The sound of the bottles clattering in the milk truck and milk delivered to letterboxes in glass used to be a thing of the past.
But one Nelson company has brought it all back helping to divert an estimated six tonnes of plastic bottles from landfill this year alone.
Milk producers Oaklands Milk and milkman Milk & More Nelson have been delivering glass bottled milk to businesses and homes around the top of the south since last April.
The glass bottles are able to be collected and re-used like the good old days.
Oaklands Milk farmer Julian Raine estimated he was selling 1800 litres of milk in glass a day. This included home and business deliveries in re-useable glass bottles and people buying direct from his vending machines.
He believed consumers buying his milk in glass had saved over half a million plastic bottles going into landfill just in 2017.
"I think it is a great achievement. We've done that from a standing start just over four years ago.
"We try to use sustainable products rather than throw it away kind of stuff - we hate that, so that's what's driven us to glass."
Oaklands Milk is only one of two milk suppliers in the country using glass bottles, the other being Happy Cow Milk Co (formerly Nature Matters Milk) in Canterbury.
Raine said the many cafes in the Nelson, Motueka, Richmond and Mapua were delivered milk in glass.
He put the growing popularity down to being environmentally friendly and "great" in coffee.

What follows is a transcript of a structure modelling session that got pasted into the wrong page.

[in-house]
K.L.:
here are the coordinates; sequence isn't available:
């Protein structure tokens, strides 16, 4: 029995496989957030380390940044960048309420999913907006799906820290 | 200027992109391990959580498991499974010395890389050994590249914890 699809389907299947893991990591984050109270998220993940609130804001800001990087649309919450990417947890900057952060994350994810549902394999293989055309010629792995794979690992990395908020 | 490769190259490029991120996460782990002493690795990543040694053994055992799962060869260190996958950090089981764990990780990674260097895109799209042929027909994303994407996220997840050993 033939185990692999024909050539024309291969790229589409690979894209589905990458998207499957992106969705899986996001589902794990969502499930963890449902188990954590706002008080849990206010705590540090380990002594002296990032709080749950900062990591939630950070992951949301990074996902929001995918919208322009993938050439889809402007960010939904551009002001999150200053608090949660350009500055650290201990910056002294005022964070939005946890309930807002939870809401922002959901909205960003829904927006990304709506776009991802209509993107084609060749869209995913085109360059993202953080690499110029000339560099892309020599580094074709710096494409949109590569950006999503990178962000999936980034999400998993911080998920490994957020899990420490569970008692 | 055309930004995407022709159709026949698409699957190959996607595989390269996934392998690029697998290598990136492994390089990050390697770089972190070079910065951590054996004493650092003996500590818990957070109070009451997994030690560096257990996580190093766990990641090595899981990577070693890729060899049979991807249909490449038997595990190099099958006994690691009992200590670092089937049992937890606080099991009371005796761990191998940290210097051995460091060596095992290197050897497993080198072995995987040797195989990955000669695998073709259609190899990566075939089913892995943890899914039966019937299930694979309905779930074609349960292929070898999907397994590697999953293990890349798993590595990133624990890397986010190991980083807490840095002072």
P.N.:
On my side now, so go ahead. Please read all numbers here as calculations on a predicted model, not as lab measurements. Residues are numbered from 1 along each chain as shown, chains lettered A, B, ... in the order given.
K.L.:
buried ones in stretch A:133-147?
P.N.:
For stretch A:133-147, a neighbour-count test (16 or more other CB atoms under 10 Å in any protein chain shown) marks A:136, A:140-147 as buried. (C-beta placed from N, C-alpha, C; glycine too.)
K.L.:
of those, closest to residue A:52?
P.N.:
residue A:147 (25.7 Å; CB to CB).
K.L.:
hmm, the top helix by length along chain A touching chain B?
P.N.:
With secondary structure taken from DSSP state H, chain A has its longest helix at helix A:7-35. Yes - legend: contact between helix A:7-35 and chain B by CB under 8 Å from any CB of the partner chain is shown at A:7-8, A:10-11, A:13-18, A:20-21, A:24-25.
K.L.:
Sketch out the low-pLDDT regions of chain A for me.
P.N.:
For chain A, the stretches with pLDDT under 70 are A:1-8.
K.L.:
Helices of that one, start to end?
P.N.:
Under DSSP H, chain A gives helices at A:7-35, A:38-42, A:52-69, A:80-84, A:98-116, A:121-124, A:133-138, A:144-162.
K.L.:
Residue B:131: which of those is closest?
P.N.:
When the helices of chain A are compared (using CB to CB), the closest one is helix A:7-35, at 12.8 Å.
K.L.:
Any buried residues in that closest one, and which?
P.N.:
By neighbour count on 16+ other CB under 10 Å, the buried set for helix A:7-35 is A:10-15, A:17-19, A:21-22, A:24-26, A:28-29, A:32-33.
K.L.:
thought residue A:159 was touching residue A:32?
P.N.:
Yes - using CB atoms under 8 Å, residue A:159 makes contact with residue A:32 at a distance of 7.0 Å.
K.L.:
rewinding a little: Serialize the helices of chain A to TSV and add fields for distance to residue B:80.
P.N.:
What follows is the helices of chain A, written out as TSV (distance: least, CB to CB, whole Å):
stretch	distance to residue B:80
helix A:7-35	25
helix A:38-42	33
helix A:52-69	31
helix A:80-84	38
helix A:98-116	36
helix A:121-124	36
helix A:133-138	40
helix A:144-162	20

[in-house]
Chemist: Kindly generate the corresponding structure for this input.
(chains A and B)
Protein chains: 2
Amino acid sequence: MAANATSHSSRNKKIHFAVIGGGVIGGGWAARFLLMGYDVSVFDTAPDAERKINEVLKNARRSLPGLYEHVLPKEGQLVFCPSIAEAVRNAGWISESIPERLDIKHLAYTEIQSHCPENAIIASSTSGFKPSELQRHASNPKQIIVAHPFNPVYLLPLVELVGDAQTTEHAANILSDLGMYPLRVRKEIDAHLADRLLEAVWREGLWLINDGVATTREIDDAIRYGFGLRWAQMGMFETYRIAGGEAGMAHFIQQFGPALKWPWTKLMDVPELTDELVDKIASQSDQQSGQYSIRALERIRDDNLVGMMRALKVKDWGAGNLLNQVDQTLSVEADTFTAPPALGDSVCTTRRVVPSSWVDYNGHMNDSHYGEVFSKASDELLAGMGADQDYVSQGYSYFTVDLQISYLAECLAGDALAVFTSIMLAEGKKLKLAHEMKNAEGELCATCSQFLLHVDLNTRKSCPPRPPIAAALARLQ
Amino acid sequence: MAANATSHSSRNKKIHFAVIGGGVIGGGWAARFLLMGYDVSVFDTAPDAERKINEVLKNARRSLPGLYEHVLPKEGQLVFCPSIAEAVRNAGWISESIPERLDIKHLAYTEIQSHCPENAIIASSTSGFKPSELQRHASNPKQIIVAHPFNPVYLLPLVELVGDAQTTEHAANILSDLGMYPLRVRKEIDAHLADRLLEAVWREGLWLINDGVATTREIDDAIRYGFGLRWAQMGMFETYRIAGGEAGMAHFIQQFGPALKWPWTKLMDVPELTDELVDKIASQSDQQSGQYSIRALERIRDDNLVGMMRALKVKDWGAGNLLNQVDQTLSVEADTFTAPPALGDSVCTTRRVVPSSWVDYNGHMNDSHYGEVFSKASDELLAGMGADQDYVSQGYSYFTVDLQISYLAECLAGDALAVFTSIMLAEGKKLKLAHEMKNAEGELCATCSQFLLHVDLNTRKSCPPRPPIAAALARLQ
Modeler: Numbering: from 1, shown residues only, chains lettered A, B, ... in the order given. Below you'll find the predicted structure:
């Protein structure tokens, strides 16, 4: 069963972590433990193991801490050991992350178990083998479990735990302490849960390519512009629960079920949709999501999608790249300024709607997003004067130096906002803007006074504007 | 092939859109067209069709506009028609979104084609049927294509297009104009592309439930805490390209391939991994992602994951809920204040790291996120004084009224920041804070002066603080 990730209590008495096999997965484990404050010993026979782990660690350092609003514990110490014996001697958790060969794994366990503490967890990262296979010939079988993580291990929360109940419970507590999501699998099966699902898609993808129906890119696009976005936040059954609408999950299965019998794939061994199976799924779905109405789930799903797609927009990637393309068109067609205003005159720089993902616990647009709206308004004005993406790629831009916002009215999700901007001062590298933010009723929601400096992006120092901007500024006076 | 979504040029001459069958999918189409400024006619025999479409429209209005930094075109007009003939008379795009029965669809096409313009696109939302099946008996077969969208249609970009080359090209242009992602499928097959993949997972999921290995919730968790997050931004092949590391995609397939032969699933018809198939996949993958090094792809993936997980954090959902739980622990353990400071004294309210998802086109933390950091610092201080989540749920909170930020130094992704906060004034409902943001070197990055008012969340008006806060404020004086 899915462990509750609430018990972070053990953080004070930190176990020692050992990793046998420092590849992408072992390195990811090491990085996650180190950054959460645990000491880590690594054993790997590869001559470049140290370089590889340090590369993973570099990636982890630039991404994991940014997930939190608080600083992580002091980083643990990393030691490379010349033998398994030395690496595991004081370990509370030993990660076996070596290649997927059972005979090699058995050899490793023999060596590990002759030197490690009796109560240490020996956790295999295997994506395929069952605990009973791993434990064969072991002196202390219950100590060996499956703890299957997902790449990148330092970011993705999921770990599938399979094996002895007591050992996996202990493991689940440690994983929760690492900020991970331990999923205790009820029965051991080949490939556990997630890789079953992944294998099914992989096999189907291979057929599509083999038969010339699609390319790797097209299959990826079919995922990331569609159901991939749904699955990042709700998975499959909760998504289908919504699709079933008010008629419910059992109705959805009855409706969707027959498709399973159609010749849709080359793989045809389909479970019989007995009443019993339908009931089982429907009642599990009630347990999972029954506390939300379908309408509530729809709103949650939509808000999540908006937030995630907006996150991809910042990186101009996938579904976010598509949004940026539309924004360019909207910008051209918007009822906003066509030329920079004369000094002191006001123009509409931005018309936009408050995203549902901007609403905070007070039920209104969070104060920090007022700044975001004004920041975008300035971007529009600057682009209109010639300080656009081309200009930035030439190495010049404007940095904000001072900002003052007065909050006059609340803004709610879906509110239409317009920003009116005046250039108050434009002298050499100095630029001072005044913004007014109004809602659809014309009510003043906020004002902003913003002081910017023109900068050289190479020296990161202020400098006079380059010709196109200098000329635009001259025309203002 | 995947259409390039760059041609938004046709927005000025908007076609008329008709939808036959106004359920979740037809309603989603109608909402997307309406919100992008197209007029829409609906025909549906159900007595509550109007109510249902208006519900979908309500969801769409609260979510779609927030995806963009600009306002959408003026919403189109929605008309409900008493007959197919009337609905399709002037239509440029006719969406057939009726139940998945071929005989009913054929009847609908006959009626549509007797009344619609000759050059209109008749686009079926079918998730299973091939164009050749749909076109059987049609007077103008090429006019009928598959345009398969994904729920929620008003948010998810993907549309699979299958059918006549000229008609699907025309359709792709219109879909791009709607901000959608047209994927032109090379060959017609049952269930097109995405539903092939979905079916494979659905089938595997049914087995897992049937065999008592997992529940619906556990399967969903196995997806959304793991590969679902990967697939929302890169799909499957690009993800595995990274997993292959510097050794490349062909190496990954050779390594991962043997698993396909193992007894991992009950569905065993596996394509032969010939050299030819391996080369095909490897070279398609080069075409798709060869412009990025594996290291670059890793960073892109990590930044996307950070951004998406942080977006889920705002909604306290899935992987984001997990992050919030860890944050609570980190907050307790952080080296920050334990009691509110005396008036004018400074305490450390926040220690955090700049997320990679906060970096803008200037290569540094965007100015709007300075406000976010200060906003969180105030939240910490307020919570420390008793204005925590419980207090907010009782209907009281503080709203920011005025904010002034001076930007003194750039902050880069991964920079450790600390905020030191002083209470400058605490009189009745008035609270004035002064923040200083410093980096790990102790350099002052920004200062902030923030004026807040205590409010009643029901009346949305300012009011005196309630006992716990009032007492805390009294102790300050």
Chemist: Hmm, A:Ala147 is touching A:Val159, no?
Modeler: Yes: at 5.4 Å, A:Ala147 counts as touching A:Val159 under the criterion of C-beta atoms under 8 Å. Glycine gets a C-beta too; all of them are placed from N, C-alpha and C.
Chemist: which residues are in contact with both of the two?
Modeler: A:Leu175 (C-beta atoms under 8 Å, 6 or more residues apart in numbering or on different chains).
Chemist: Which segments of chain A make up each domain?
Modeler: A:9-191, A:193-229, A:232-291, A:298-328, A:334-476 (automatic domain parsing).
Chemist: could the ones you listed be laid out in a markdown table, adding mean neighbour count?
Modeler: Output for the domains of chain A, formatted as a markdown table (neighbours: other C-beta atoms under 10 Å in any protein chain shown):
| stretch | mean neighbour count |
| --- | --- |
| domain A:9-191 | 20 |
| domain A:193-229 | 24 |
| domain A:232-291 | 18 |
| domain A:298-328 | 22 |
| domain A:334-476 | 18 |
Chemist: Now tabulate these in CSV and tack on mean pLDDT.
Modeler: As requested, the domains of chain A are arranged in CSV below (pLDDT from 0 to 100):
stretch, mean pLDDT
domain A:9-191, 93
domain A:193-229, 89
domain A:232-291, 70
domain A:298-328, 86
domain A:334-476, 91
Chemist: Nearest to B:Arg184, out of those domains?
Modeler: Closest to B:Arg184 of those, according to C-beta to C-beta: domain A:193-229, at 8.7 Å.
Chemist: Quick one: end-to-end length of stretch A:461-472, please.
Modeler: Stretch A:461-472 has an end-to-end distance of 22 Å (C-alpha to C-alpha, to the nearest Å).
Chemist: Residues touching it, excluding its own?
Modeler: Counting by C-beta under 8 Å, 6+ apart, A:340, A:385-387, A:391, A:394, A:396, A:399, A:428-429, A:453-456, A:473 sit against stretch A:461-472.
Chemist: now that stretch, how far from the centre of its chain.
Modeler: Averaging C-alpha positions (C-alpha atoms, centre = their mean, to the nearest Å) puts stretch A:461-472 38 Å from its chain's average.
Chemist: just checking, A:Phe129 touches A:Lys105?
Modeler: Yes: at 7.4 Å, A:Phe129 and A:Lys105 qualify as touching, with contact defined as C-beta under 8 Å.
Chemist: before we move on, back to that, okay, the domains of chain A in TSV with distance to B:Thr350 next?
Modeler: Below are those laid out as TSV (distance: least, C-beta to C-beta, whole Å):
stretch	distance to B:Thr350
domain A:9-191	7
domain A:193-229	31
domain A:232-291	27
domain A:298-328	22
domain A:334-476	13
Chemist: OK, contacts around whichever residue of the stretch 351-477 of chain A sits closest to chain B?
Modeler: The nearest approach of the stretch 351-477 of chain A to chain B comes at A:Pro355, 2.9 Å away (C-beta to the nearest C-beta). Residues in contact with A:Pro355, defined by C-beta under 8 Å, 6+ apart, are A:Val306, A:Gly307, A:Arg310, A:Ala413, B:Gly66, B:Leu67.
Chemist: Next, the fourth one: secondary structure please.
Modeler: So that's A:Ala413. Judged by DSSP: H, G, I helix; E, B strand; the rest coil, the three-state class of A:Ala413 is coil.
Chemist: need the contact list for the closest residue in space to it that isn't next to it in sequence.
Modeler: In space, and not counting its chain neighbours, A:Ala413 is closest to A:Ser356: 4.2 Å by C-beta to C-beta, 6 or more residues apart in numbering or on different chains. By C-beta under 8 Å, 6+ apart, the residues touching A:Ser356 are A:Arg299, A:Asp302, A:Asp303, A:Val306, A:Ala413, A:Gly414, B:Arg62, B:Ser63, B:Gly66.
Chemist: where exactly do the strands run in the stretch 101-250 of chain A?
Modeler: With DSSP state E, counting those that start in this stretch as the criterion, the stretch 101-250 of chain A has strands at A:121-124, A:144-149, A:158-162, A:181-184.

Milk and More has been delivering milk for 20 years, has eight trucks on the road and 1500 customers using the service which includes various New Zealand milks in plastic bottles along with the glass bottled variety.
It recently expanded its deliveries into Motueka, and already covers from north of Nelson to Wakefield south of Richmond, a distance of 50km.
Milk and More manager Bill Stansbury said while people were still cottoning on to the old school way of getting milk, he said "huge amounts" of people were "absolutely loving it".
Paying for the service could be done with tokens, cash or bank transfer.
"We can be old-fashioned and we can be modern.The milkman would be turning in his grave about that."
A gradual change in milk acts over the years, including supermarkets being authorised to operate as milk vendors in 1987, led to a fast decline in the 90s of households being visited by the milkman.
But Stansbury said the trend of having a milkman was coming back.
"It feels really great to get something delivered to your door, like old fashioned style. That's why all old fashioned things are super popular still, because people love them."
And it's not just the generation who remember the milkman who are reverting back to getting milk without leaving the house.
"You'd be surprised, there are a lot of young people who are also interested. I think that the younger people are more interested in the nutritional value of the milk."
Mrs Smith's Cafe and Vegetables owner Karyn Smith uses more than 100 bottles of milk in glass a week and said the milk had a "fantastic flavour".
Happy Cow Milk Company founder Glen Herud said he started out nearly four years ago.
Only using reusable bottles, including stainless steel cans popular in cafes and glass bottles, he said it was more expensive but "the right thing to do" for product quality and environmental sustainability.
Herud said his product sold about 600 litres a day.
Based in Stoke, Nelson, Oaklands Milk is pasteurised but has nothing added to it and nothing taken away.
Oaklands Milk is available through a variety of means, including six vending machines throughout the region, delivery and stores. The sister brand, Aunt Jean's Dairy is available in Auckland, Wellington, Nelson and Christchurch.
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